By Joe Bukuras
Three aid workers from a Catholic charity operating in Ukraine were injured last week when the van they were traveling in was hit by artillery fire, the head of the aid group said.
Jason Jones, the founder of the US-based Vulnerable People Project (VPP), told CNA on Wednesday that the three Ukrainian men suffered head injuries. He said one of the aid workers remained in hospital in critical condition. The other two were treated in hospital and released.
After leaving the hospital, the two less seriously injured men said they were ready to join the humanitarian effort, Irina Skaya, a U.S.-based Ukrainian comedian who leads the “Hope for Ukraine” campaign, told CNA. ” of the VPP.
A photo from the aftermath of the March 10 incident in northwestern Ukraine shows the back of the white van crumpled by the explosion. One of the vehicle’s side doors is blown out and what appears to be oranges are spilling onto the pavement.
Jones said he was “absolutely sure” the artillery shells were fired by Russian forces. He didn’t know if the van was the intended target.
“Russia doesn’t have to intend to hit civilians (to) hit civilians,” Jones said. “Once you choose to invade a country, you choose for civilians to die – unintentionally, at the very least.”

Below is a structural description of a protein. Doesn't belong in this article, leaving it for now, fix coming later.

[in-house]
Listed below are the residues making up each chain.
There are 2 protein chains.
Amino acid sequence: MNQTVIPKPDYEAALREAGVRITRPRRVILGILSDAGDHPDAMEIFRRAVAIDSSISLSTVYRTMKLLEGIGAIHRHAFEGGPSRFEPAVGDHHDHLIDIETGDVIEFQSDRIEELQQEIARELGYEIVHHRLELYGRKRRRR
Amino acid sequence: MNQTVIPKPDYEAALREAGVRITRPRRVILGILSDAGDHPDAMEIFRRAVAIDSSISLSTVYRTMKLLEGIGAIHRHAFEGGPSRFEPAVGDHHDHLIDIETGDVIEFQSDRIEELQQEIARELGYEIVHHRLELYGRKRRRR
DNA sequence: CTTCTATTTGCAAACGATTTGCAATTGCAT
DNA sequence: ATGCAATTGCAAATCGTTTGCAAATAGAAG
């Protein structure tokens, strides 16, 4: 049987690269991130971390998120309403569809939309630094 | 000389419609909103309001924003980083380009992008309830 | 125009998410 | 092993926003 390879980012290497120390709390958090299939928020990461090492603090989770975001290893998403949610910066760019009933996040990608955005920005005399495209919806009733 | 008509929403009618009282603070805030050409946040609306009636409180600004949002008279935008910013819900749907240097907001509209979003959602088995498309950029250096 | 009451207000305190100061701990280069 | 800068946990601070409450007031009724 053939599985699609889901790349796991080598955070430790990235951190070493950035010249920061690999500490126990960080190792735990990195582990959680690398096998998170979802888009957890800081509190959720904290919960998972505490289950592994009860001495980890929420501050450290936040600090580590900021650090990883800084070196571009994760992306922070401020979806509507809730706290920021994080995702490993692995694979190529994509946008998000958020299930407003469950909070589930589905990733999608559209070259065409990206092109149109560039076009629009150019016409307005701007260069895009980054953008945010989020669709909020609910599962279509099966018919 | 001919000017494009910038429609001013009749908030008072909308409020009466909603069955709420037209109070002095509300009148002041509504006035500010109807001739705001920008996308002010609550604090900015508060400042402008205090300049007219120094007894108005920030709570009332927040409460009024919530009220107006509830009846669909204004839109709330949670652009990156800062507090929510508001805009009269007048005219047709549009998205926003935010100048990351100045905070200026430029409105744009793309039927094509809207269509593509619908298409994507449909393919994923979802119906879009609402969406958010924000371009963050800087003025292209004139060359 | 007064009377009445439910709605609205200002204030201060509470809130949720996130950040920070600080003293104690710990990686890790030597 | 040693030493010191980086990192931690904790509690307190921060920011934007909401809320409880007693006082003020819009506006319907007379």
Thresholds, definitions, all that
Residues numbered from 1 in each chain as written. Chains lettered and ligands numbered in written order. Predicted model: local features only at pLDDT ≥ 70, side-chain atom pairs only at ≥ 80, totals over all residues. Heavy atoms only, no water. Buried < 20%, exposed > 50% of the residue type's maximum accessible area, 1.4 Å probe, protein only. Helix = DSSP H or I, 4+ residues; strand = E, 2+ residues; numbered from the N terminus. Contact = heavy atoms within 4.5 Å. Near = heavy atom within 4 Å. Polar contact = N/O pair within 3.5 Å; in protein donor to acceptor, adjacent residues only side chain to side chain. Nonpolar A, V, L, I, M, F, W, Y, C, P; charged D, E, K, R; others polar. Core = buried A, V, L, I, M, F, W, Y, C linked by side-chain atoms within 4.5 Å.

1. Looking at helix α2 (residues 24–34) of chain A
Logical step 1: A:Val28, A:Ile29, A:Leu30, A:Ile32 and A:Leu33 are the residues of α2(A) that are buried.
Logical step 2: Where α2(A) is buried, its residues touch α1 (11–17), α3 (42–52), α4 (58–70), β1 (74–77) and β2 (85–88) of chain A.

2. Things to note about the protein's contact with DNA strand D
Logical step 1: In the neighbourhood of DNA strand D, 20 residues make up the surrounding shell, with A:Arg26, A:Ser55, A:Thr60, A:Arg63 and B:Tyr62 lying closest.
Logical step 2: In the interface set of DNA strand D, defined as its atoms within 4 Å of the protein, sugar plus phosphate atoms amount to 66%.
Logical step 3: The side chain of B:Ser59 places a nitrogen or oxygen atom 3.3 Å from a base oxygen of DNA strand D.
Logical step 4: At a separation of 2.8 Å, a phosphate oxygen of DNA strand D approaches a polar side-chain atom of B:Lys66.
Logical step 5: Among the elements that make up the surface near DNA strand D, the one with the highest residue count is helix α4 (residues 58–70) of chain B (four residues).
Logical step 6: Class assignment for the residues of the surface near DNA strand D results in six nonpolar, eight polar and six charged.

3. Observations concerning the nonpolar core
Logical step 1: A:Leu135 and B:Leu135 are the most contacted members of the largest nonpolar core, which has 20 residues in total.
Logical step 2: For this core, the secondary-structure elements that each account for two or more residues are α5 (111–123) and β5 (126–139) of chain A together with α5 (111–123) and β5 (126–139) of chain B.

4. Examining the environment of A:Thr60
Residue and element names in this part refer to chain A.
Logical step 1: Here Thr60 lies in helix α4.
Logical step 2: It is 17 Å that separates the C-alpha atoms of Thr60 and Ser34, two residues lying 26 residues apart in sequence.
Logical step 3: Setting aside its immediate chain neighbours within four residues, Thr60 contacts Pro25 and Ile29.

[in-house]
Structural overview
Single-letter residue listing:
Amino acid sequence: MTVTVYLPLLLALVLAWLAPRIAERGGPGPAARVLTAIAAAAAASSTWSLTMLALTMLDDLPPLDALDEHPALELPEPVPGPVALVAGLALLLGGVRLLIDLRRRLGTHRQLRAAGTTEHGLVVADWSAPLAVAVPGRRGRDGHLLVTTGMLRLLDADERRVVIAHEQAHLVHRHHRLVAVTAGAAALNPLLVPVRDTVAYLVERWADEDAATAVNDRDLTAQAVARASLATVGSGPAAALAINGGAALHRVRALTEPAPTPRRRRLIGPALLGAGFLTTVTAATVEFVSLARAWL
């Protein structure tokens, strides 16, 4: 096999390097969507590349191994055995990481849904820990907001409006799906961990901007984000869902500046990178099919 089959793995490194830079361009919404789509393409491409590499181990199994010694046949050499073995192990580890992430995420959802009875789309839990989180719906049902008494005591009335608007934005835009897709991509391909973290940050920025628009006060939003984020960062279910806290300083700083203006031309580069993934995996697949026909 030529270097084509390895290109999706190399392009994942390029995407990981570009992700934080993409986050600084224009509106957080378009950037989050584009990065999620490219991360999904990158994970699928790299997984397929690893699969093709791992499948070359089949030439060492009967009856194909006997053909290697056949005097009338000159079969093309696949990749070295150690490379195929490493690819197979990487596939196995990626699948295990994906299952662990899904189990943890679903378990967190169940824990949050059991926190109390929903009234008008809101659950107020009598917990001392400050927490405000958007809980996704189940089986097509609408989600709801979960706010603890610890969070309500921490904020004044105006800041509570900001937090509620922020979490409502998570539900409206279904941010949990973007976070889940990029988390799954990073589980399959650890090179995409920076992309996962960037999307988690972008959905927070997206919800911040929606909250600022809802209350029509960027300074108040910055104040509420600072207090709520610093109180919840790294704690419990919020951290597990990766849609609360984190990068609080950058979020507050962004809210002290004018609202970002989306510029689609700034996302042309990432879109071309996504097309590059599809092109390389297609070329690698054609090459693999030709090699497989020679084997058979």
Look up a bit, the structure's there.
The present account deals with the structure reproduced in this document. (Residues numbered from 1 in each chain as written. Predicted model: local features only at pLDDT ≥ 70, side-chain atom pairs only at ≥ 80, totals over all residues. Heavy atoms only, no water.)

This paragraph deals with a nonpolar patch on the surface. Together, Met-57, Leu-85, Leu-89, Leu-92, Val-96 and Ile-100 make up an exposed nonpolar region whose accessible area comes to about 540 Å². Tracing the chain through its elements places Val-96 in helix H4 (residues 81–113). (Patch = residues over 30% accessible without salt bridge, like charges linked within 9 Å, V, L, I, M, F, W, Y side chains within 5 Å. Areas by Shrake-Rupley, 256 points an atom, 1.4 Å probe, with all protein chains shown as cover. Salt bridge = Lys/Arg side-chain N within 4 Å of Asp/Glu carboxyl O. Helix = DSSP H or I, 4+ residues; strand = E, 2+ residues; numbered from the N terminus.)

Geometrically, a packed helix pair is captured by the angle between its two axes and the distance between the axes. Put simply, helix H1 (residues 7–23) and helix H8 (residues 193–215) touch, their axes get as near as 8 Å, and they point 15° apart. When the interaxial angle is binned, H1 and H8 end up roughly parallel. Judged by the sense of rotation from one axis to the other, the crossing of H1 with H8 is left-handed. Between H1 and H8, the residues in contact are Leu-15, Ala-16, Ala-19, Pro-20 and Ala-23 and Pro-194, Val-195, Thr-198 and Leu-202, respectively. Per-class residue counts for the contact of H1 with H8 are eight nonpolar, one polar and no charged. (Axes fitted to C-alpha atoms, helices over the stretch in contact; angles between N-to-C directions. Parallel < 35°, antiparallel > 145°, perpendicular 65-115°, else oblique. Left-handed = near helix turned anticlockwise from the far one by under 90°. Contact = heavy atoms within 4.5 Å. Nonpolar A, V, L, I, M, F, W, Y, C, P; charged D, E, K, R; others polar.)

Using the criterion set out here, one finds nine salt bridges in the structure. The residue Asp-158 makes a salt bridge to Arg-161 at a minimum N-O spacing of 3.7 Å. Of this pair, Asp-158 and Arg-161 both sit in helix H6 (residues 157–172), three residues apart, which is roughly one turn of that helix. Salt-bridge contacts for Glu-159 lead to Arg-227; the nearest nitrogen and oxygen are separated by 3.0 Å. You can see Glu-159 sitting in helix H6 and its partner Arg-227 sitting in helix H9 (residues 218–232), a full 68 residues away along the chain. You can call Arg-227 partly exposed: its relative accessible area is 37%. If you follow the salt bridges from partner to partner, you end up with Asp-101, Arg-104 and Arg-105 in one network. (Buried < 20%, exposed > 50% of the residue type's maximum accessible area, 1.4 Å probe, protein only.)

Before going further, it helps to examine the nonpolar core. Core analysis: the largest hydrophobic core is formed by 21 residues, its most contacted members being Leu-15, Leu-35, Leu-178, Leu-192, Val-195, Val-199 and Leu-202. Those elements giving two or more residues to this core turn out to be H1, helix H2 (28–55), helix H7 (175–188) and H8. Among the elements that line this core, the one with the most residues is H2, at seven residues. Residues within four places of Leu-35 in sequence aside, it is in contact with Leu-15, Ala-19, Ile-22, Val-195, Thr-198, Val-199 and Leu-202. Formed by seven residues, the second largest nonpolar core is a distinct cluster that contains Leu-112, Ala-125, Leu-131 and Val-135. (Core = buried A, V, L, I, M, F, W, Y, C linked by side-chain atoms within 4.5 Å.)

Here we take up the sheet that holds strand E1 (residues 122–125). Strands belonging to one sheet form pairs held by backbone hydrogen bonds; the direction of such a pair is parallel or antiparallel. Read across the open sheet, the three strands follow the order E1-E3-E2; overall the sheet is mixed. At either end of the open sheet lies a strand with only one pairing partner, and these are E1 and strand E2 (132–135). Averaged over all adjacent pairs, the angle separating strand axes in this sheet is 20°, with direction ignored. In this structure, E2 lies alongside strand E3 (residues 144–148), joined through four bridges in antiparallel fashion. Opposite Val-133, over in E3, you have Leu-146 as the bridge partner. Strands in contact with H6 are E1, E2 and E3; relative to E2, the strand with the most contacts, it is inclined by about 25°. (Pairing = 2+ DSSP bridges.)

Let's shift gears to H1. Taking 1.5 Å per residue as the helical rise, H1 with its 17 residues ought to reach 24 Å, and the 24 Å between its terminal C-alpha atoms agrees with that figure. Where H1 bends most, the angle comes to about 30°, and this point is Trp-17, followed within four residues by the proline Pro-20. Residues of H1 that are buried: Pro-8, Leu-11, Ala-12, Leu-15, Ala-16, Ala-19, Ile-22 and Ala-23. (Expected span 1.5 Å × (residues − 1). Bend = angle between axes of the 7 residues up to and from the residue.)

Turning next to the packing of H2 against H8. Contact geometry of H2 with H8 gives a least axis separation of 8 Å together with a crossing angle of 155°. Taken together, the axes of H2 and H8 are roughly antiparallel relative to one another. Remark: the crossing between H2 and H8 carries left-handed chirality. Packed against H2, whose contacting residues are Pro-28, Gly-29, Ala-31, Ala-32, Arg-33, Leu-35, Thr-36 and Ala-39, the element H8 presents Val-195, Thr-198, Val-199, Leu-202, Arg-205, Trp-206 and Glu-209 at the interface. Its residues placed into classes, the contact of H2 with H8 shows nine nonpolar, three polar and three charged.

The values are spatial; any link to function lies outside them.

The men were delivering food and supplies “very close to Russian lines” to Ukrainians trapped by the fighting, Jones said, adding that the workers planned to evacuate a group of children on the return trip.
The Vulnerable People Project, which Jones describes as a Catholic apostolate driven by Catholic social teaching, has transported thousands of people away from areas of intense fighting to the relative safety of western Ukraine or across the Polish border, Jones said. The humanitarian organization also remains active in Afghanistan, where it helps evacuate Christians and other minorities trying to escape the Taliban.
Another VPP employee was shot in the leg in another prior incident, Jones said.
Last week, CNA interviewed Aleksi Voronin, one of the organization’s volunteer drivers, who spoke about the trauma suffered by the people he evacuates. “I can’t find the right words to explain people’s condition when I pick them up,” Voronin told CNA, fighting back tears.